We continue onwards; I catch my first glimpses of real mountaintops. A couple hours later, we stop off at a place called Kasbah Myriem. An establishment run by Franciscan nuns, Kasbah Myriem takes in young girls and unmarried women to teach them embroidery and rug-making, as a skill and a source of income.

We’re taken into their gift-shop/showrmorocco-march-2009-309oom and see all sorts of things – cloth bookmarks, placemats and serviettes, handkerchiefs. Since I happened to start reading a book on the ride over, I decide to purchase a bookmark, with pretty blue and yellow stitching.

Back in the minibus, we continue onwards, passing by and through village after village. It’s late afternoon when we reach our final stop  – an auberge, run by an older Berber gentleman named Saeed. (He doesn’t match the image in my mind of what a Berber looks like. It shatters yet another one of my perceptions.)

It’s cold and has been raining off and on, so sitting inside with a nice hot glass of tea and a fireplace is more than welcome.

We get our room assignments; this time I’m paired up with Nonnie, the really nice Australian woman on the trip. We take our backpacks to our rooms and decide the sleeping arrangements. I get the bigger bed of the two in the room which, as I find out later, isn’t really all that big.

The room is freezing cold – no built-in heating. And there’s no hot water. Shower time will be interesting.

But it’s not a complete loss. We’ve got lots of blankets, and there’s a space heater, which we turn on before we leave for dinner.

My meal consists of a huge bowl of harira, followed by a plate of chicken couscous, which, AGAIN, I don’t come even close to finishing. Moroccan food is quickly becoming my Waterloo.

morocco-march-2009-320While some of our bloated bellies undertake digestion, the entertainment has started – Berber singing and dancing.

How do I go about even describing it? CAN I even describe it? I remember the rhythmic beating of drums … the  singing … the sound of sequins that jingle when they move …

Some of the movements are so simple, it doesn’t really seem like dancing. It’s hard to resist, but the music and dance becomes infectious – and it’s almost neverending.

Two of the younger tour-mates, Alex and Grace, get into it right away. It takes some of us older peeps to join in the fun. Even Colin – the lone male of the group, other than Will – gets into it (with the help of a couple of gin-and-tonics).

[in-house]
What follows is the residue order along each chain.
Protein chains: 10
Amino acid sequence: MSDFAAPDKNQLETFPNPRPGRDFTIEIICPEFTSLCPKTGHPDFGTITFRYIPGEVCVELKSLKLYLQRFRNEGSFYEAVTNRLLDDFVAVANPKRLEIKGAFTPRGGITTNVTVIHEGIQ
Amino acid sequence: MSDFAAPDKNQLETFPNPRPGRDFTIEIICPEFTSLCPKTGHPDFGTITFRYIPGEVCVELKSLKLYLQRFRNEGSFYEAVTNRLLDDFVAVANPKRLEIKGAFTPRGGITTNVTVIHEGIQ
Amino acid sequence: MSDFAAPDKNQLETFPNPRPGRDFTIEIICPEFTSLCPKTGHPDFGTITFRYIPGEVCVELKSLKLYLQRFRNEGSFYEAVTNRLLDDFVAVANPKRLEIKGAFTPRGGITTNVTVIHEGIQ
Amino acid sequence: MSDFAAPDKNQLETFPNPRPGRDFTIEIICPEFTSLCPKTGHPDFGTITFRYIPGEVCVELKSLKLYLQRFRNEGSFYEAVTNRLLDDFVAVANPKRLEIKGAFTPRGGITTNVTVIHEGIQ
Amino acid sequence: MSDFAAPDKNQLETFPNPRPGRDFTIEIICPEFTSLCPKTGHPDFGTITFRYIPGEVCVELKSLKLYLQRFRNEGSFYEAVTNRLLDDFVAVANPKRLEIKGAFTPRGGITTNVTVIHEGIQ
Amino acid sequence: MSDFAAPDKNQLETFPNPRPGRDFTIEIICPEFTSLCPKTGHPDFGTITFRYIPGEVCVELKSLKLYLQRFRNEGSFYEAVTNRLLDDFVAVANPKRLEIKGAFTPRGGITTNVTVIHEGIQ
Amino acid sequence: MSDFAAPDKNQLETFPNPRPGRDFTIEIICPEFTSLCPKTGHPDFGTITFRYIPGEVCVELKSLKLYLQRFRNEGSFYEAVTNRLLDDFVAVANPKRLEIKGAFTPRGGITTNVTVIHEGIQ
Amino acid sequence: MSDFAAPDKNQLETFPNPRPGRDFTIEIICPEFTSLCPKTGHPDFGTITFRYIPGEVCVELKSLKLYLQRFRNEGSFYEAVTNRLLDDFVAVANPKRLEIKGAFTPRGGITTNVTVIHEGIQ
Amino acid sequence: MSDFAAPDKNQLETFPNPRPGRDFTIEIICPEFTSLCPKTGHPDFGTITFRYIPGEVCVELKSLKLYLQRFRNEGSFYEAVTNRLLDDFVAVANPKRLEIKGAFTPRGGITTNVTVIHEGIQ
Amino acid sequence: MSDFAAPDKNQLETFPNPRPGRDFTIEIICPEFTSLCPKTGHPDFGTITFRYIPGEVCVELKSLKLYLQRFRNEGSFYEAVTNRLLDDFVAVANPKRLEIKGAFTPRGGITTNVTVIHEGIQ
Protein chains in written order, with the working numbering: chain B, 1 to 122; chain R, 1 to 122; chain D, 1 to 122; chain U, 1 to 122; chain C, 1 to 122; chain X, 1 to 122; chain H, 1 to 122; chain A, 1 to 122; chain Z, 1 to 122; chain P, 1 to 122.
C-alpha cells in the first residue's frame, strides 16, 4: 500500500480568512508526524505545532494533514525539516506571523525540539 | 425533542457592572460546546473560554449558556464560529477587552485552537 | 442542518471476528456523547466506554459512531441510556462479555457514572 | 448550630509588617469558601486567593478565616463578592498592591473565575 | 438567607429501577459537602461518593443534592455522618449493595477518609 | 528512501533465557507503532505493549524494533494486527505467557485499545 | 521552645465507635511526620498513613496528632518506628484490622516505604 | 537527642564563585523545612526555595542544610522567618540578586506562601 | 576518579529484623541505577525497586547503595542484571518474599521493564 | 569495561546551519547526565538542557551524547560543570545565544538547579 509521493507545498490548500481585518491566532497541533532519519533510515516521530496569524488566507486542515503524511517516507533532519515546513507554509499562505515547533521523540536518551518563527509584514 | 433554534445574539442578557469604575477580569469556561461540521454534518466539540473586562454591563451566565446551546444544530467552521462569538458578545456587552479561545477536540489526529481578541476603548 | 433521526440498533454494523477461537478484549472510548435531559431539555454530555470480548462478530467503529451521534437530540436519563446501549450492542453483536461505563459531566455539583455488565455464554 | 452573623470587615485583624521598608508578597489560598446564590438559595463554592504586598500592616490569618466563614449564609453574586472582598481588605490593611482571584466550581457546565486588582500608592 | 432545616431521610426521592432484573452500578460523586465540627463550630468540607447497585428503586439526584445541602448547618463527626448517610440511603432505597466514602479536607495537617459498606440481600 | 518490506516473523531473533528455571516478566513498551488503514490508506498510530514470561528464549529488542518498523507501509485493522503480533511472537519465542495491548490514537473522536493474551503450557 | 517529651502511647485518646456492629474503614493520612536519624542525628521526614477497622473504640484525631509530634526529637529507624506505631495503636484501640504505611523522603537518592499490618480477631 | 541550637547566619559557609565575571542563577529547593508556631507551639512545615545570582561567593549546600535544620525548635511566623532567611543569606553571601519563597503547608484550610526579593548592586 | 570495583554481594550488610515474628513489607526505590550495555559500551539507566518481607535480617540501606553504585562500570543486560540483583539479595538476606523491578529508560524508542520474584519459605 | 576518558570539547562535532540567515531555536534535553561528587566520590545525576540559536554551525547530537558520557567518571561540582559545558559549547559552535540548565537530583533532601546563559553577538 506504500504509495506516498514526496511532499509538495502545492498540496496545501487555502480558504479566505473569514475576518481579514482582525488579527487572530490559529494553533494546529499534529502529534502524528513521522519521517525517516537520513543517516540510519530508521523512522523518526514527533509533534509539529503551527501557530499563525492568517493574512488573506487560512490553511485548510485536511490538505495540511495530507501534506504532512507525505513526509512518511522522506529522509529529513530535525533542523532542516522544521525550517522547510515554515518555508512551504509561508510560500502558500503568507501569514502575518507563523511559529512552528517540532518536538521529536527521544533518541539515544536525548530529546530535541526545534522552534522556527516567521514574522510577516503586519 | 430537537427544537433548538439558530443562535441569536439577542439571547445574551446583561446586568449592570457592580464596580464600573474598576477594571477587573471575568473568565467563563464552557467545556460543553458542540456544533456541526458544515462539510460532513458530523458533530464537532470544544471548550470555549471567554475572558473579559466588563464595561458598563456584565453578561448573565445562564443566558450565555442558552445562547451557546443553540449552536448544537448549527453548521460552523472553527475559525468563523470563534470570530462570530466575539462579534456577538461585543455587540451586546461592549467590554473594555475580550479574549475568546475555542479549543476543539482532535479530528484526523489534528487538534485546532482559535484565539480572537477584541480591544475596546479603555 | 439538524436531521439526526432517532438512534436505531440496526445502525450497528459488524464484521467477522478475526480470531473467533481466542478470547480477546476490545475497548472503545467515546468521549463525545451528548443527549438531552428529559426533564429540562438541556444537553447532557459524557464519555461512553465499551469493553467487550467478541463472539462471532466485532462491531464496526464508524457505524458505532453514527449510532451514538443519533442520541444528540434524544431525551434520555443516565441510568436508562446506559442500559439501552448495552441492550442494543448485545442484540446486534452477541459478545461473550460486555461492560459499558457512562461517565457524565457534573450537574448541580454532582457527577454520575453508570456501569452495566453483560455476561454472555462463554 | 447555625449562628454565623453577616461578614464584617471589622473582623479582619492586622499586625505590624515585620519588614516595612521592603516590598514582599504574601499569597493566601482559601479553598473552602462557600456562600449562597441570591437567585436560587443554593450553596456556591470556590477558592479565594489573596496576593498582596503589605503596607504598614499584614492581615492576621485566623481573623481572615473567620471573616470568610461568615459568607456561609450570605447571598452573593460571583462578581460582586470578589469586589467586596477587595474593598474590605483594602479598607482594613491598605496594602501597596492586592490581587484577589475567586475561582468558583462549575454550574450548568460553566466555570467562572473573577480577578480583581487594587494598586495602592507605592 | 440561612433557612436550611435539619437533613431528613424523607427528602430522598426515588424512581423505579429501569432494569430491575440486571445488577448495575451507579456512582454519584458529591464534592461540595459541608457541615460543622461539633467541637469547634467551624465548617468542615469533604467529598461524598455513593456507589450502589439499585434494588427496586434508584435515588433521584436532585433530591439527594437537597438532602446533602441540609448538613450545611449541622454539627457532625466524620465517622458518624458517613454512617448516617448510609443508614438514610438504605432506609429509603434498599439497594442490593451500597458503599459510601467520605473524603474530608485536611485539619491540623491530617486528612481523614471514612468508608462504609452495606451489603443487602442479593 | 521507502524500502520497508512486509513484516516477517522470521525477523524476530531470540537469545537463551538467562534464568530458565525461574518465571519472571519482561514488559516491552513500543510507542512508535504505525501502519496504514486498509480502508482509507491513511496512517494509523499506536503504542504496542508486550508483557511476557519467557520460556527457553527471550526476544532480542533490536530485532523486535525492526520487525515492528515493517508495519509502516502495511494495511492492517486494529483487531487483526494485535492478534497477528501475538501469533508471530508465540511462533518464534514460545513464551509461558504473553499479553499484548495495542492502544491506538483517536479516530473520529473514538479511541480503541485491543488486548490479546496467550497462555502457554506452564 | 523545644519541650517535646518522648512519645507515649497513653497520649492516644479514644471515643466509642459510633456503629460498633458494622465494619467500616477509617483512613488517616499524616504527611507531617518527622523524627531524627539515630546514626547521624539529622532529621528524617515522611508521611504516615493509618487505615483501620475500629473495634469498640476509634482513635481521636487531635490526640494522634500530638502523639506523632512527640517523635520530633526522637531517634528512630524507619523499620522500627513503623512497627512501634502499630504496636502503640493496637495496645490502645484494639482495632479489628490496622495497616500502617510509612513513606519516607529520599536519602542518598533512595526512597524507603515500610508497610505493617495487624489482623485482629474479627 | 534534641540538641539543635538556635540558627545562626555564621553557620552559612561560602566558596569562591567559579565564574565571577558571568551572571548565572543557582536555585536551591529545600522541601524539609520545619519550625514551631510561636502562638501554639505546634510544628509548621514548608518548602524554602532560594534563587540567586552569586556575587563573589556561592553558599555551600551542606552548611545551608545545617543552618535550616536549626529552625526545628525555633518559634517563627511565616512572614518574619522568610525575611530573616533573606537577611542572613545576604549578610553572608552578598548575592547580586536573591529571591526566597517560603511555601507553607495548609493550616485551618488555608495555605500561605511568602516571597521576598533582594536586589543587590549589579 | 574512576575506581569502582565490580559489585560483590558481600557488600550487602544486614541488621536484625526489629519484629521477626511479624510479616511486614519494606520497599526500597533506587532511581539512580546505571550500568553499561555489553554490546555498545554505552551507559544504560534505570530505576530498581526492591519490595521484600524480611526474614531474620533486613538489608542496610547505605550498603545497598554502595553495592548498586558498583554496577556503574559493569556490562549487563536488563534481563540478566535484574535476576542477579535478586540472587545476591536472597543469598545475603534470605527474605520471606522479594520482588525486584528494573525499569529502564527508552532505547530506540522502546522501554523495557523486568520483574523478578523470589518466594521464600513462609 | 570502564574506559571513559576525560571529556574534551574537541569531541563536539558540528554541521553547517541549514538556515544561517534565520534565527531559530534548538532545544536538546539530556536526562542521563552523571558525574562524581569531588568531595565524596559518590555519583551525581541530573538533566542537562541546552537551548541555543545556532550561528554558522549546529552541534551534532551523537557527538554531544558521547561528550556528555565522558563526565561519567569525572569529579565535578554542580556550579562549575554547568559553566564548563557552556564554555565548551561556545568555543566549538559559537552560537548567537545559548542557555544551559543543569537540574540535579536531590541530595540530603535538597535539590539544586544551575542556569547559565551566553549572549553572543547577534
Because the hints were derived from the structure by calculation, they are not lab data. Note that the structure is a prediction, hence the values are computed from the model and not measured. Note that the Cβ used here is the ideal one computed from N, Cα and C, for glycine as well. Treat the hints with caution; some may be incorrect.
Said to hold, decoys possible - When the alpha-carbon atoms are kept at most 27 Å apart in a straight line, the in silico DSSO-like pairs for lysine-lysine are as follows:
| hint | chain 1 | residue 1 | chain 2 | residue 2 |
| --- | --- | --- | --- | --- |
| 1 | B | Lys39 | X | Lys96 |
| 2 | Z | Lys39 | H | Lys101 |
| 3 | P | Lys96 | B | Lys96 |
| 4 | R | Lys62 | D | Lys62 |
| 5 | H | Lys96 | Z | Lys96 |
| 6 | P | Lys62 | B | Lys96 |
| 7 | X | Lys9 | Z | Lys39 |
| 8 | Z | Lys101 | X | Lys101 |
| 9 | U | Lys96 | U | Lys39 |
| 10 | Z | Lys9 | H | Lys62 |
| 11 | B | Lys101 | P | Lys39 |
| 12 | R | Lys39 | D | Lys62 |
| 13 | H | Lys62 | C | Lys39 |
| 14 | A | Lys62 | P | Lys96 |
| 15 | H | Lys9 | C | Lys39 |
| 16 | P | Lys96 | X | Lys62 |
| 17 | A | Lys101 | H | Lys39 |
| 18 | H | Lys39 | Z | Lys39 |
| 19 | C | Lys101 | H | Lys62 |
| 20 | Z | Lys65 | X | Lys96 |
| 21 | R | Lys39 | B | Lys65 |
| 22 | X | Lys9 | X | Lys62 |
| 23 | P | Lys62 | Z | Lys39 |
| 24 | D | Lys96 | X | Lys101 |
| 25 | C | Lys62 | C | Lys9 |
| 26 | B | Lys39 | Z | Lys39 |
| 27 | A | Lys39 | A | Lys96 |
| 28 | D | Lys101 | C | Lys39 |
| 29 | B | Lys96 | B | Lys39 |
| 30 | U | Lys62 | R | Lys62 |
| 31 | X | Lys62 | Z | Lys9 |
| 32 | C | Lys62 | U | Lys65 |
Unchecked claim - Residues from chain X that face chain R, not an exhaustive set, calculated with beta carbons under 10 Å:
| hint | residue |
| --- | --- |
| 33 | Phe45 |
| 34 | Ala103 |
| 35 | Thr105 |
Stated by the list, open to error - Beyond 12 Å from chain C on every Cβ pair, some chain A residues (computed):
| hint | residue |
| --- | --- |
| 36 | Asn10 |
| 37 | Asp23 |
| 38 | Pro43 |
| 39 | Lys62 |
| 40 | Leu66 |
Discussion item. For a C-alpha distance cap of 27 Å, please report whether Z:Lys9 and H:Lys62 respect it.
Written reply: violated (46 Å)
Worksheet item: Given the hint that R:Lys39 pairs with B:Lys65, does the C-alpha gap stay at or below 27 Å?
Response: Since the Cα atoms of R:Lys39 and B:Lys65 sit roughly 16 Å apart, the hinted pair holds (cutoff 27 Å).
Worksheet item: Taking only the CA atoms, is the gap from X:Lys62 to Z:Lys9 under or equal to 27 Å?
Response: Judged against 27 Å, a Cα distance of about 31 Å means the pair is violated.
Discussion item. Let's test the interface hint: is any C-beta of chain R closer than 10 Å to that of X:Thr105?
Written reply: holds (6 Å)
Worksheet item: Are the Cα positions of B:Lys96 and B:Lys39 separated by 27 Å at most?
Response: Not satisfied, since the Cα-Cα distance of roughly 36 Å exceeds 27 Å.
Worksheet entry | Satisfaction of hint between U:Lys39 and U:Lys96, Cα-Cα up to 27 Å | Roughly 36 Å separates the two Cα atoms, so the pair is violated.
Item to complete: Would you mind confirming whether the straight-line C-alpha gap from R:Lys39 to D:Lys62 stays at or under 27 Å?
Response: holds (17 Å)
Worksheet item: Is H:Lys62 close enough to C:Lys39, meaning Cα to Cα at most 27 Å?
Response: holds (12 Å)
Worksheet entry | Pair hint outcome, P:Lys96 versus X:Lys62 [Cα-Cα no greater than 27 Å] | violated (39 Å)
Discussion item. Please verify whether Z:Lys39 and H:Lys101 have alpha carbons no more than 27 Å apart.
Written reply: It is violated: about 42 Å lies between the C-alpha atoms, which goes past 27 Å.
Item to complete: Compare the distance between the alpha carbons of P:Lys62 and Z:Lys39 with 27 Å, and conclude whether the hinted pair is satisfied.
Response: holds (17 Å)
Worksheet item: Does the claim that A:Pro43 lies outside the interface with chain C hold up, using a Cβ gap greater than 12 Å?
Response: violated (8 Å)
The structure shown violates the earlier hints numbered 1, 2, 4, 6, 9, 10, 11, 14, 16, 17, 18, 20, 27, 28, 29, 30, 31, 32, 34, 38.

Too bad the stuck-up French tourists also staying at the auberge aren’t embracing it as much as we are. They sit at their tables watching (likely with disdain), drinking and smoking.

One of them says to Nonnie, “You Americans are all crazy.”

Nonnie merely replies, “Not all of us are American.”

Near the end of the night is where it gets entertaining. One of the Berber women dancing – who’s probably about 5’4″ and, if I were to guess, about 160 pounds – displays this one signature move where she takes a pillow, lies on her side, beats the pillow and then the floor in time to the music, and – with someone who happens to be doing this with her – grabs them close to her body … and ROLLS them over. It’s quite hilarious.

A few people in our group get Berber-rolled, including our driver Abdul. The first time our trip guide Will tries to get him in on it, he actually BOLTS out the door and runs around the side of the building. (Keep in mind, Abdul is a portly, middle-aged Moroccan dude. So I’m impressed at how fast he moves.) But we get him later, and he gets rolled, Berber style. 

Getting to sleep after all this excitement is a breeze. And just as well – tomorrow we have another looong drive ahead of us.

A Full Day in Fez

Wednesday, March 18.

Before this trip, I was given one piece of advice, should I ever find myself in Fez, especially in the medina: Prepare to get lost.

On the morning of our only day in Fez, I come pretty close to making this a reality.

I oversleep, and end up rushing around to get ready so that I can catch the group’s laundry run and grab some breakfast before our tour starts for the day.

My stomach rumbling, I reach the front lobby, only to have the man behind the front counter say, “The group just left.”

Still a bit foggy-headed – and a bit panicked – I ask, “Which way did they go?”

The desk manager says they’ve gone out the door and turned left onto the main street.

I set out into the breezy Moroccan morning, striding – and carefully trying to cross the street – thinking I can actually can find them and catch up to them.

After about three blocks, reason finally takes over, and I stop and turn around, since I’ve absolutely NO CLUE where I’m going.

I remember my way back to the hotel, in time to see the others standing in the small front lobby.

So I miss out on both laundry and breakfast.

Soon enough, our minivan arrives – with our tour guide, a Fassi woman named Hakima. (Fassis are residents of Fez.)

morocco-march-2009-175First stop on the tour drops us in front of the Royal Palace. We’re not allowed in, so we’re just outside the front gates. That’s okay, though – surrounding us are seven of the prettiest doors – made of cedar and embossed with gold colouring – that I’ve ever seen.